The sun was setting and the shutters were closed. The only light provided was the small lamp lit on the dresser and the red light placed at the foot of the plaster statuette of the Madonna. The priest had just entered and bent over her.
He was young, had recently taken orders. He came from a small town in the countryside to support the elderly priest of the parish that Rosa had attended since she was born.
“Per istam sanctam unctionem et suam piissimam miseri-cordiam ...”
As he imparted her the extreme unction, Rosa, looking at that handsome and immature face, had an irreverent and sacrilegious thought:
“... adiuvant te dominus gratia spiritus sancti …”
(“I wonder if he has ever been in love?”)
“… ut a peccatis liberatum te salvet atque propitius allevet“.
(“Or if he ever wished he could have been?”)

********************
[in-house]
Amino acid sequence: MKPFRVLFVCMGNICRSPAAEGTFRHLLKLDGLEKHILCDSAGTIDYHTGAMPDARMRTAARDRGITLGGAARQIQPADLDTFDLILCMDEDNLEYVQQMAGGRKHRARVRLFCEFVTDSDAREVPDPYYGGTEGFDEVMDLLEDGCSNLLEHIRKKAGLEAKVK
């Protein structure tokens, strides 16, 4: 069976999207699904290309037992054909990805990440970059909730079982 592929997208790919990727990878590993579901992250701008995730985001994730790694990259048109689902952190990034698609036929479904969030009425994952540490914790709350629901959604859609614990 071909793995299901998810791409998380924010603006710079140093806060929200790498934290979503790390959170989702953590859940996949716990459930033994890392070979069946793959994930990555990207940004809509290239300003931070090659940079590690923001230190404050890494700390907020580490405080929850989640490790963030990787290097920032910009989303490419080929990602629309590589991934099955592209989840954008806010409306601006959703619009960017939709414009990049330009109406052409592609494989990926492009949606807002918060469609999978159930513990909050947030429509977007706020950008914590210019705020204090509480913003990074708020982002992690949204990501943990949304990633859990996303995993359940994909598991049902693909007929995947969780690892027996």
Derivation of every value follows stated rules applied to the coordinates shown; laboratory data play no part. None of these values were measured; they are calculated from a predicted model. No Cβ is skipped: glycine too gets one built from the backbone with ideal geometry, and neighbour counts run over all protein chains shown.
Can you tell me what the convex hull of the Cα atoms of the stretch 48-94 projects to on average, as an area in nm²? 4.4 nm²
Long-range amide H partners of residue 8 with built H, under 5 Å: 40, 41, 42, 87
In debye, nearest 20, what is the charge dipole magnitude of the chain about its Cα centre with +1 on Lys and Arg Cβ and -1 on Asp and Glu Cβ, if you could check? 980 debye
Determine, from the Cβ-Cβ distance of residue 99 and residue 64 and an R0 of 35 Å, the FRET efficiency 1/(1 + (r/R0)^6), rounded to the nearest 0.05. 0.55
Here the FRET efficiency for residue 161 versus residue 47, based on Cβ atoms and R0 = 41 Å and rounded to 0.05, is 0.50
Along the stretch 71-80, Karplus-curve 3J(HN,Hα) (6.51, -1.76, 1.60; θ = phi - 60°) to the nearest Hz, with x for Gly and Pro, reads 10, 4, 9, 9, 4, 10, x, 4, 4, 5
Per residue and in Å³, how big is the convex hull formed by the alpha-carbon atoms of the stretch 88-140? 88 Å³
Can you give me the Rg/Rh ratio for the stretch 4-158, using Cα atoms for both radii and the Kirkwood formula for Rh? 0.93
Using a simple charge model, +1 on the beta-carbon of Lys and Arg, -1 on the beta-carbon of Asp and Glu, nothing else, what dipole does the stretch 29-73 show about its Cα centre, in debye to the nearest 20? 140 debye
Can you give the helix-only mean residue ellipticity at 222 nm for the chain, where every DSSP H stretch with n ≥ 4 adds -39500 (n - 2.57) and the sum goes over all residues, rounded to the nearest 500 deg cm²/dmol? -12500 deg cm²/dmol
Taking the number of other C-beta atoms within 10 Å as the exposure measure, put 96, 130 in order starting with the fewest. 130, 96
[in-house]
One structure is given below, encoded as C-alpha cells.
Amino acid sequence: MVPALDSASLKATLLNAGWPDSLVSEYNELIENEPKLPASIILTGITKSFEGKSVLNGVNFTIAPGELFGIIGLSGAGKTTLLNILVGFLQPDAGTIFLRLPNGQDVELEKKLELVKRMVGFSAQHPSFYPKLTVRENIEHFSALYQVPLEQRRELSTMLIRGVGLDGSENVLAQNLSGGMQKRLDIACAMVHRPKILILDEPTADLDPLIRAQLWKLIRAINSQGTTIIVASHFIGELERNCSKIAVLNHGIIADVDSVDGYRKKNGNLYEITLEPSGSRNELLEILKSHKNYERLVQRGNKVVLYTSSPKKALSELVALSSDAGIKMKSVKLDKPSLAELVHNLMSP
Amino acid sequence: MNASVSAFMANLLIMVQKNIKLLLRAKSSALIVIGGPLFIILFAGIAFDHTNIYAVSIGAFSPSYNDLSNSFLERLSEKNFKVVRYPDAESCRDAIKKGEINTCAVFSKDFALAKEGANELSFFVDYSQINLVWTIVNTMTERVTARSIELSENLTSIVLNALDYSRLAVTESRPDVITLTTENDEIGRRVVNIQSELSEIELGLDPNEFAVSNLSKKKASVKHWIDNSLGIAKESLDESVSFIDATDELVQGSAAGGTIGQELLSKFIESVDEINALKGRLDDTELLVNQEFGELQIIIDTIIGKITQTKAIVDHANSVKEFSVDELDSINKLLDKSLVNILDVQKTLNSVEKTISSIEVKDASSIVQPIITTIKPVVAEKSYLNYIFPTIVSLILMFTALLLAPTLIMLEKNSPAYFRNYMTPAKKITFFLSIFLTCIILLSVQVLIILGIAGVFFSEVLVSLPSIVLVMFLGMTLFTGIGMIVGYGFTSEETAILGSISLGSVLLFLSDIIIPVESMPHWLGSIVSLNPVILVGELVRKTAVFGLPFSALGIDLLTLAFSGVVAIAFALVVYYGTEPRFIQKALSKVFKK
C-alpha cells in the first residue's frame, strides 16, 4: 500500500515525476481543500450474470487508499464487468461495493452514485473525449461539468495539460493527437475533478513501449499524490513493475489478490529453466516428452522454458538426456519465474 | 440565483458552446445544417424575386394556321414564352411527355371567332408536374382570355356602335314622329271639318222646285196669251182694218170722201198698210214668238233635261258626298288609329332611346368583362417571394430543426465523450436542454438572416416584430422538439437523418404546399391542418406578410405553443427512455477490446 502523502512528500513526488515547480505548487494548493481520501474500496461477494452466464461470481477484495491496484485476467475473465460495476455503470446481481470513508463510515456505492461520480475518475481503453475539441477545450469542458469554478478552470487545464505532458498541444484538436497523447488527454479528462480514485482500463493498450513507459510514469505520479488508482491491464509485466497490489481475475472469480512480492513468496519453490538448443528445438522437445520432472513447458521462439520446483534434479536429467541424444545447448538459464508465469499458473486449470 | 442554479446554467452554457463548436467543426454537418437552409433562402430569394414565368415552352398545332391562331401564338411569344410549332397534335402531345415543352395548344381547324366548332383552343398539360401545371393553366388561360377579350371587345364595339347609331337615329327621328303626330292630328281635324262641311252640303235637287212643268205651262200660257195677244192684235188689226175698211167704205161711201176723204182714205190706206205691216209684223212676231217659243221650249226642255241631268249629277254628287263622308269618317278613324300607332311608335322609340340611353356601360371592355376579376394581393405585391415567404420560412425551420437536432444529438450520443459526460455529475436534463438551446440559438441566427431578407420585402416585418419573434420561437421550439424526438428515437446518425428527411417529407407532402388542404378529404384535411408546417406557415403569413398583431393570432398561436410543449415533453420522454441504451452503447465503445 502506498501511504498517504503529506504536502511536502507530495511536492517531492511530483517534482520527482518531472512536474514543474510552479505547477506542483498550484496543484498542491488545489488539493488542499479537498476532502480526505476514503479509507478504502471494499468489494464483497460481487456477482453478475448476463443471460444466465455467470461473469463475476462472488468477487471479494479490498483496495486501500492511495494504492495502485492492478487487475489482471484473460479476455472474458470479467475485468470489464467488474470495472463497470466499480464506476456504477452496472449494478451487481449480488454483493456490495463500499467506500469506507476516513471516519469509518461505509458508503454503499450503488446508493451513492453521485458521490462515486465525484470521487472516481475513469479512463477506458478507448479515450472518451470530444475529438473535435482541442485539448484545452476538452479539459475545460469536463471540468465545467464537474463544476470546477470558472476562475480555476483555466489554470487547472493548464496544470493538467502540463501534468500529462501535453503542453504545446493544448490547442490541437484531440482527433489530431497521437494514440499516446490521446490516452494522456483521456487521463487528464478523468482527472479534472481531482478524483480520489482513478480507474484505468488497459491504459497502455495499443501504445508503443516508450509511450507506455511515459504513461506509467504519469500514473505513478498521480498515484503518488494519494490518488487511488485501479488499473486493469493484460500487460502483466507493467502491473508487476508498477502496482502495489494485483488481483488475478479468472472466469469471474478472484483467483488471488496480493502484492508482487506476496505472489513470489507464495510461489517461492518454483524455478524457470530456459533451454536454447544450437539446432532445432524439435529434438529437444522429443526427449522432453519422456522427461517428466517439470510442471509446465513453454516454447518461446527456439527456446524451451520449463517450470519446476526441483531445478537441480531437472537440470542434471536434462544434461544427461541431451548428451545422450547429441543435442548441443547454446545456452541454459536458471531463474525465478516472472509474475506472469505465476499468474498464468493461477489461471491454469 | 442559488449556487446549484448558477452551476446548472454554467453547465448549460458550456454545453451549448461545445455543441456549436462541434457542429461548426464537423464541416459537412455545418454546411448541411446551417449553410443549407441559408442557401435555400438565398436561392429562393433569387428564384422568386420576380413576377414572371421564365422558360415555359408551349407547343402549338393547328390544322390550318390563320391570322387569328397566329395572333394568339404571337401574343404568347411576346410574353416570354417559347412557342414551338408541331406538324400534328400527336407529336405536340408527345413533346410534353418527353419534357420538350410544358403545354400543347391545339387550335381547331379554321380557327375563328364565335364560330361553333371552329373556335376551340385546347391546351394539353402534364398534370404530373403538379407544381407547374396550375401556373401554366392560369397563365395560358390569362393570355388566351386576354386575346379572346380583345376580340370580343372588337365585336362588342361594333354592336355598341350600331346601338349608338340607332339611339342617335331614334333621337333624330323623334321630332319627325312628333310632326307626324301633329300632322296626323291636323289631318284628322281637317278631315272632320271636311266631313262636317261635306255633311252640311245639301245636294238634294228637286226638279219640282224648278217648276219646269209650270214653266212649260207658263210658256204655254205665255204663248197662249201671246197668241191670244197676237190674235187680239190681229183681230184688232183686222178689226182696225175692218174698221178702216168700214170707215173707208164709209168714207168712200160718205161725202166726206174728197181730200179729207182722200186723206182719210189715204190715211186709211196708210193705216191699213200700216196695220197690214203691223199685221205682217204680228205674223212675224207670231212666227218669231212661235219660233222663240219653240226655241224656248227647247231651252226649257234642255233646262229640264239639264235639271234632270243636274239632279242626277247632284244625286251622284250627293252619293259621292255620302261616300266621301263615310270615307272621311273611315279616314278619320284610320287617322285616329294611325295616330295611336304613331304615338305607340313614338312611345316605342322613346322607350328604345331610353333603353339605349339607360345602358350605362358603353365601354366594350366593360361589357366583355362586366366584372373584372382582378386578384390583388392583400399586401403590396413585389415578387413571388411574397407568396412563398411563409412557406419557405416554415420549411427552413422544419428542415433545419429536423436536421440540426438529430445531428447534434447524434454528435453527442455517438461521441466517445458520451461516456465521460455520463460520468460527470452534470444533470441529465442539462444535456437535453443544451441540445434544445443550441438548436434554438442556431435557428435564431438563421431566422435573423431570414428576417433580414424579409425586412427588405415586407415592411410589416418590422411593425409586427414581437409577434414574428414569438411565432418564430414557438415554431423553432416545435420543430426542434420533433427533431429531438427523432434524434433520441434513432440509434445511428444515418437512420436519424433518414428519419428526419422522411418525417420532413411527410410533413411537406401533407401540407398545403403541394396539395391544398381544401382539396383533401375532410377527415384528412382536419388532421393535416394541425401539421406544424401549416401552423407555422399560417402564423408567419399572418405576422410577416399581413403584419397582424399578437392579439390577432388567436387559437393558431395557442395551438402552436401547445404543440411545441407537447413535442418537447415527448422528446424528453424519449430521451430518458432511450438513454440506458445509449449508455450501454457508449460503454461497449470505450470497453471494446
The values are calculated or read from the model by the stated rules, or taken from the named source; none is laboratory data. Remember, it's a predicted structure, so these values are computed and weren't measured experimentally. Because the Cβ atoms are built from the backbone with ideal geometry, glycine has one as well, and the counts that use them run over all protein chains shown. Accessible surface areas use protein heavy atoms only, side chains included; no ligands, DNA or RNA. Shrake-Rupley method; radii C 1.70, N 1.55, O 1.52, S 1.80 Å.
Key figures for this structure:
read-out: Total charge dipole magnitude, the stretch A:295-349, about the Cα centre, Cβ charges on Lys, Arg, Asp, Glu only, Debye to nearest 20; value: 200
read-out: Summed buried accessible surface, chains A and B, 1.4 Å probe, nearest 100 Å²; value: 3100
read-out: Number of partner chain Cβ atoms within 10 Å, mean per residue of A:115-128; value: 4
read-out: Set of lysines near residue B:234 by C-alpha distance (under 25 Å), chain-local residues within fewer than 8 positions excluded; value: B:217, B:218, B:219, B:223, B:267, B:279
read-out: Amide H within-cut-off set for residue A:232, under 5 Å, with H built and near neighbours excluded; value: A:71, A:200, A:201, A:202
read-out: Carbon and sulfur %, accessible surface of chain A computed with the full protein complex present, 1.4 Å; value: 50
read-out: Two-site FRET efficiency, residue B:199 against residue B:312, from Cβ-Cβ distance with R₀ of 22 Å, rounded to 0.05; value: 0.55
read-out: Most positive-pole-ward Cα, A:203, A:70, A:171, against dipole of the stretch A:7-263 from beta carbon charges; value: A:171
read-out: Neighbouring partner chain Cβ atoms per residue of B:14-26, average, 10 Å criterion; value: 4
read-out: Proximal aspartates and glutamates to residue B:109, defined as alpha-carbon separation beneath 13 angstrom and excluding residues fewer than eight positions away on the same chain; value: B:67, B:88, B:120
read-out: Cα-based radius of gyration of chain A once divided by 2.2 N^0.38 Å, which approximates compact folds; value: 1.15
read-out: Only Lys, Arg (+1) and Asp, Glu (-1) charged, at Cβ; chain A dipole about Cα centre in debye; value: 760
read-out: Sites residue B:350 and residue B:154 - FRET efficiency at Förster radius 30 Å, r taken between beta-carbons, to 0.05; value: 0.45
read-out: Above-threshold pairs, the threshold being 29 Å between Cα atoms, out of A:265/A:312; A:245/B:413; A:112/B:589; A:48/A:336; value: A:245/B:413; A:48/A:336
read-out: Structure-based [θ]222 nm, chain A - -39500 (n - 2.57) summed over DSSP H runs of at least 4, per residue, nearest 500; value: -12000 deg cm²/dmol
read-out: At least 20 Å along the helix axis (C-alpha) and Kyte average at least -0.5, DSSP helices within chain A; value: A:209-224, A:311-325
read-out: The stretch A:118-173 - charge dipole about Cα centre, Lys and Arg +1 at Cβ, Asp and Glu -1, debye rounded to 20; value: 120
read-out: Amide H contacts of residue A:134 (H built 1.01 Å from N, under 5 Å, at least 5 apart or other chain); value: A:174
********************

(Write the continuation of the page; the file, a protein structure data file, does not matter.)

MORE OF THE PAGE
The last syllables of love
In the dim light of the lamp and the agony, the five faces of her surviving children seemed almost cruel to her. They were motionless and stunned, as if held hostage.
They had been so good. Or so it seemed to her, up to a certain point in their lives. Yet she was sure they loved her. She was sure of it. The last whispers still came.
“I was willing to take her to Turin. She didn’t want to come!”
“But what are you saying? When dad died you wore black in mourning for only a week.”
“Respect is given when people live.”
Then, Rosa opened her lips and tried to send out the last syllables of love.
“Mom, what are you saying?”
“Mom! Can you hear us? Do you recognize us?”
Maybe this was the light